Thursday, April 3, 2014

Review: La Mirada Theatre's FLOYD COLLINS Shines Like a Beacon

Mark Whitten as Floyd Collins. Photos by Michael Lamont

It took nine years for Adam Guettel and Tina Landau’s Floyd Collins, which debuted Off-Broadway in 1996, to finally premiere in LA and it’s hard to believe that the first company with enough vision to produce the complex musical here did so in a tiny theater with extremely limited resources. Somehow, using incredibly inventive direction and stagecraft, West Coast Ensemble and director Richard Israel created an unforgettable experience; one that I was fortunate enough to see and can only describe as theatre magic at its very best.

Now, another nine years later, Israel is directing an equally compelling and creative production of Floyd Collins as part of La Mirada Theatre’s ONSTAGE series. For the special series, artistic director Brian Kite brings the audience right up to the action by closing off the house and placing the audience seats on stage. Last season’s Spring Awakening was the first of the series in the altered space and the experience struck a chord with audiences who couldnt get enough of it. For Floyd Collins, winding your way through the reconfigured backstage area to your seat is the perfect prologue for a musical that takes place in the underground caves of Kentucky. The element of the unknown is present before it even begins.

The true story of the events that took place in early 1925 would make Floyd Collins famous but not for the tourist attraction he hoped to discover. While searching for the perfect cave, Floyd was trapped by a rock that pinned him in a tight crawlspace far beneath the surface. The media frenzy surrounding his rescue attempt was unlike anything the public had seen since the Lindbergh kidnapping, and though efforts over a two-week period of time were ultimately unsuccessful, the name Floyd Collins would live on for generations.

Guettel incorporates the mournful sound of the mountains and lilt of the Kentucky dialect into his stunning Bluegrass/operatic score making it an expressively rich vehicle for the storytelling. A simple lyric like “Deep in the land of the hollows an’ creeks, If’n you git lost you git lost fer weeks…” quietly eases the audience into the story; it’s haunting melody first sung delicately by Jewell Estes (Matt Magnusson) accompanying himself on guitar before strings and other voices melt together to layer in the sophisticated textures that characterize Guettel’s compositions.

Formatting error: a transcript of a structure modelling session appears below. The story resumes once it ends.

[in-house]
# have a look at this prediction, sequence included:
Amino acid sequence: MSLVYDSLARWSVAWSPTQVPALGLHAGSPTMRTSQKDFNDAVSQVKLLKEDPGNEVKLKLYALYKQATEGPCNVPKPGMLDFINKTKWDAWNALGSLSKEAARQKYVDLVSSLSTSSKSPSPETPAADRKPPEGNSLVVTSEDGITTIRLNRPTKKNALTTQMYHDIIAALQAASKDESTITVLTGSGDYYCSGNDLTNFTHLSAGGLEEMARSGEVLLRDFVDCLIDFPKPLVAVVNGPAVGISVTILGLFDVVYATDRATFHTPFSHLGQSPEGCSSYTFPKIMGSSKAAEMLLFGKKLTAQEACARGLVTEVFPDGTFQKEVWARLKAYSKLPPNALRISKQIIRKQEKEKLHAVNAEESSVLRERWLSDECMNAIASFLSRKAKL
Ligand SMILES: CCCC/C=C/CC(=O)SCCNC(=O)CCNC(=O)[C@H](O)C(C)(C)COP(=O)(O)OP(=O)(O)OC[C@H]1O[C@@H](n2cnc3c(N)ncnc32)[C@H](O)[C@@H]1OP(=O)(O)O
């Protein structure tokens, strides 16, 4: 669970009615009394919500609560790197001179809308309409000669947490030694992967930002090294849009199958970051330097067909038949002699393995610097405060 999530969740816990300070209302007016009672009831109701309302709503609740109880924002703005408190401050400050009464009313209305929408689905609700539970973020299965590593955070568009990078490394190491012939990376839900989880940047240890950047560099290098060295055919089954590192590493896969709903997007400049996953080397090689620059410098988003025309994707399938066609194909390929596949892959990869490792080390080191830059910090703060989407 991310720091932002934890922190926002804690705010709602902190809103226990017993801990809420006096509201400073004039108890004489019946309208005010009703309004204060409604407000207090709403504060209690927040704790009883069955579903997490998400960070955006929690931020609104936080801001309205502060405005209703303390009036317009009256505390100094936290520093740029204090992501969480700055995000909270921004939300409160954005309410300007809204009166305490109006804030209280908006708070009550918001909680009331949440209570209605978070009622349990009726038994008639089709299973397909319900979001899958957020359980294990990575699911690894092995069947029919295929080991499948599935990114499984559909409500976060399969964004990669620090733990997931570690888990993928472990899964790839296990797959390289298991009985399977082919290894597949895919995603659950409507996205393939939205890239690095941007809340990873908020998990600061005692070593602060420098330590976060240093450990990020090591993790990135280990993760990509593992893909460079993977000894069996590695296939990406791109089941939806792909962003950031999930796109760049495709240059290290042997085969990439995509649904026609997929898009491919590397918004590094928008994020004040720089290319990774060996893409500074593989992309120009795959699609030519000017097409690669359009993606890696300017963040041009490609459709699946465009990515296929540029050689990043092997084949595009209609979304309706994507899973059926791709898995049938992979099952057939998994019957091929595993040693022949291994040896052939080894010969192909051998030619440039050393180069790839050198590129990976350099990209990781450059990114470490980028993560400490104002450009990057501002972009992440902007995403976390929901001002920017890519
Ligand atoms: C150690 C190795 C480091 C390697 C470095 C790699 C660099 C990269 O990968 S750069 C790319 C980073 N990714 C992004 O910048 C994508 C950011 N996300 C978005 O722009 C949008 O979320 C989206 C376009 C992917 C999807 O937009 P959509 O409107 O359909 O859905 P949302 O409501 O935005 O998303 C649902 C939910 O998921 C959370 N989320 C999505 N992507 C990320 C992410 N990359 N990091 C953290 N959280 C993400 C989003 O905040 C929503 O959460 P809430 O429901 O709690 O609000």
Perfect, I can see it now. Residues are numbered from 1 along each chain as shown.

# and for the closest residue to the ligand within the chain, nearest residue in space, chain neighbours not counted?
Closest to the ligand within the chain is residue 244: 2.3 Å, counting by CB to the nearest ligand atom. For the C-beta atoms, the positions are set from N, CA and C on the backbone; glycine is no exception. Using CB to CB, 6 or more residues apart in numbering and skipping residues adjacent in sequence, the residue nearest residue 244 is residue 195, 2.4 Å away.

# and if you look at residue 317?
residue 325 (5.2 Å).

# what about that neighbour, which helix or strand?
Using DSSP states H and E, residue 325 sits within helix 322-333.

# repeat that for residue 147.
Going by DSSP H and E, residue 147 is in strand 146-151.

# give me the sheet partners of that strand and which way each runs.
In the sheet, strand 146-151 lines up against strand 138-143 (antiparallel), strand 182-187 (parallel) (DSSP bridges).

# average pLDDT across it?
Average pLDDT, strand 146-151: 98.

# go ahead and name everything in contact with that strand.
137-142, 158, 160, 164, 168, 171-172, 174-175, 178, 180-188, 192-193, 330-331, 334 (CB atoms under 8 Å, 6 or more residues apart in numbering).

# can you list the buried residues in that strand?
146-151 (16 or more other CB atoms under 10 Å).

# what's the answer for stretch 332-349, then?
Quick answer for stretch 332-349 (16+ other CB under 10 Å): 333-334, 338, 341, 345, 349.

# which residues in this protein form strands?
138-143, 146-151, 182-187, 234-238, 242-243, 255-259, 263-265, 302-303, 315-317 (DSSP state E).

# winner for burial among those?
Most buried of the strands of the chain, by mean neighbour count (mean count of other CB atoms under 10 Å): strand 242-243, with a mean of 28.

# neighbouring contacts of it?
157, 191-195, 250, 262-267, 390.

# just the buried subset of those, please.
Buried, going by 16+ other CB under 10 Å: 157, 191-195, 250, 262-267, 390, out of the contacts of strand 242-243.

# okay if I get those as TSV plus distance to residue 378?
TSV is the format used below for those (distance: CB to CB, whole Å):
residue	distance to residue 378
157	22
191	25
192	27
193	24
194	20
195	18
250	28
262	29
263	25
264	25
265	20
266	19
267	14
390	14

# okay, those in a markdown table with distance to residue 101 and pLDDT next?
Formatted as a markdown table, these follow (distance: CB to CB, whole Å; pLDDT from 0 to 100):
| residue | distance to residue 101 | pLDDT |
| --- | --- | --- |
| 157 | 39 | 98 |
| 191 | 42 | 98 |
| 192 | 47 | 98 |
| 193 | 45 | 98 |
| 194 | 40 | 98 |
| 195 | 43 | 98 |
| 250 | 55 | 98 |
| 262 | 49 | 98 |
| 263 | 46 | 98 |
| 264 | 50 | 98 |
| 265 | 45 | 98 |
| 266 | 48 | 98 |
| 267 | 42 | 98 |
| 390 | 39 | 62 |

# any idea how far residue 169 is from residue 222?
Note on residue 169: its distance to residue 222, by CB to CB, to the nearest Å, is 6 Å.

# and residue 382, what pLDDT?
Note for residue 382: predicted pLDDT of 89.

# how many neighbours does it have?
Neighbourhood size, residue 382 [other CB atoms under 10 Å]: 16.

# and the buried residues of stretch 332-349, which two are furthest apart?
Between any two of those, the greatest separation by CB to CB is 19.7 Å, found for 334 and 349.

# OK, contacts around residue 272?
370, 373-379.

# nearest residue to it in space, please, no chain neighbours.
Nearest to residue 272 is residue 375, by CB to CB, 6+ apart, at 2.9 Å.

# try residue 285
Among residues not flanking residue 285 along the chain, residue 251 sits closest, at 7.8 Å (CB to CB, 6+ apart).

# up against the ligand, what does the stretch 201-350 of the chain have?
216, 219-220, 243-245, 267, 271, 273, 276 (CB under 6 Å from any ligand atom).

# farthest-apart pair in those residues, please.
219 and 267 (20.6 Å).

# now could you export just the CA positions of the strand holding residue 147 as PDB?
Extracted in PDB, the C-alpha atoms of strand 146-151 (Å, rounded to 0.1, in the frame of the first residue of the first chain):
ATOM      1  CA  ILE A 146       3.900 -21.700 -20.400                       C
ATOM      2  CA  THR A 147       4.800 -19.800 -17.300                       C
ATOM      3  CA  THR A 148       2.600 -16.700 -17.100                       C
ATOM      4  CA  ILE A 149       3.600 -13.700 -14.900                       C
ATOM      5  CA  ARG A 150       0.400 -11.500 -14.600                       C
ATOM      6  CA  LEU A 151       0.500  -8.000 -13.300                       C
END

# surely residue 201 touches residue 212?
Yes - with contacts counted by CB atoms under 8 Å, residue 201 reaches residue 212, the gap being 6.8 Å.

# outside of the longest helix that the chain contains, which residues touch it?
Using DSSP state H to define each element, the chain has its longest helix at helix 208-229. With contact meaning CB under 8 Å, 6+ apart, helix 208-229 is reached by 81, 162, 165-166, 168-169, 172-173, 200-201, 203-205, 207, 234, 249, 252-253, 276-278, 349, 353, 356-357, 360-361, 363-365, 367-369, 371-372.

His music is revelatory, complex and difficult to learn but absolutely magnificent in the way it connects the emotional journey of its characters to the audience, prompting a powerfully empathetic response. Musical director David O employs great sensitivity in bringing its many colors to life, serving a directorial vision that focuses on the bonds of family, and the critical relationships that come into play in the middle of a crisis.  

This is weighty material for a musical and the cast handles it beautifully with an astounding amount of vitality and tenderness. When Floyd (Mark Whitten) plays with the cavern, joyfully singing echoes through the space like the cave itself is a playmate, it is impossible not to smile at the kick he gets out of his own adventure. And conversely, when fears overtake him while he’s trapped, it reaches us at the level of our own humanity as we witness his complete vulnerability. Whitten captures both Floyd’s childlike innocence and adventurous spirit with nimble dexterity in a breakout performance that is as charismatic as it is natural.

Kim Huber as Nellie Collins with Mark Whitten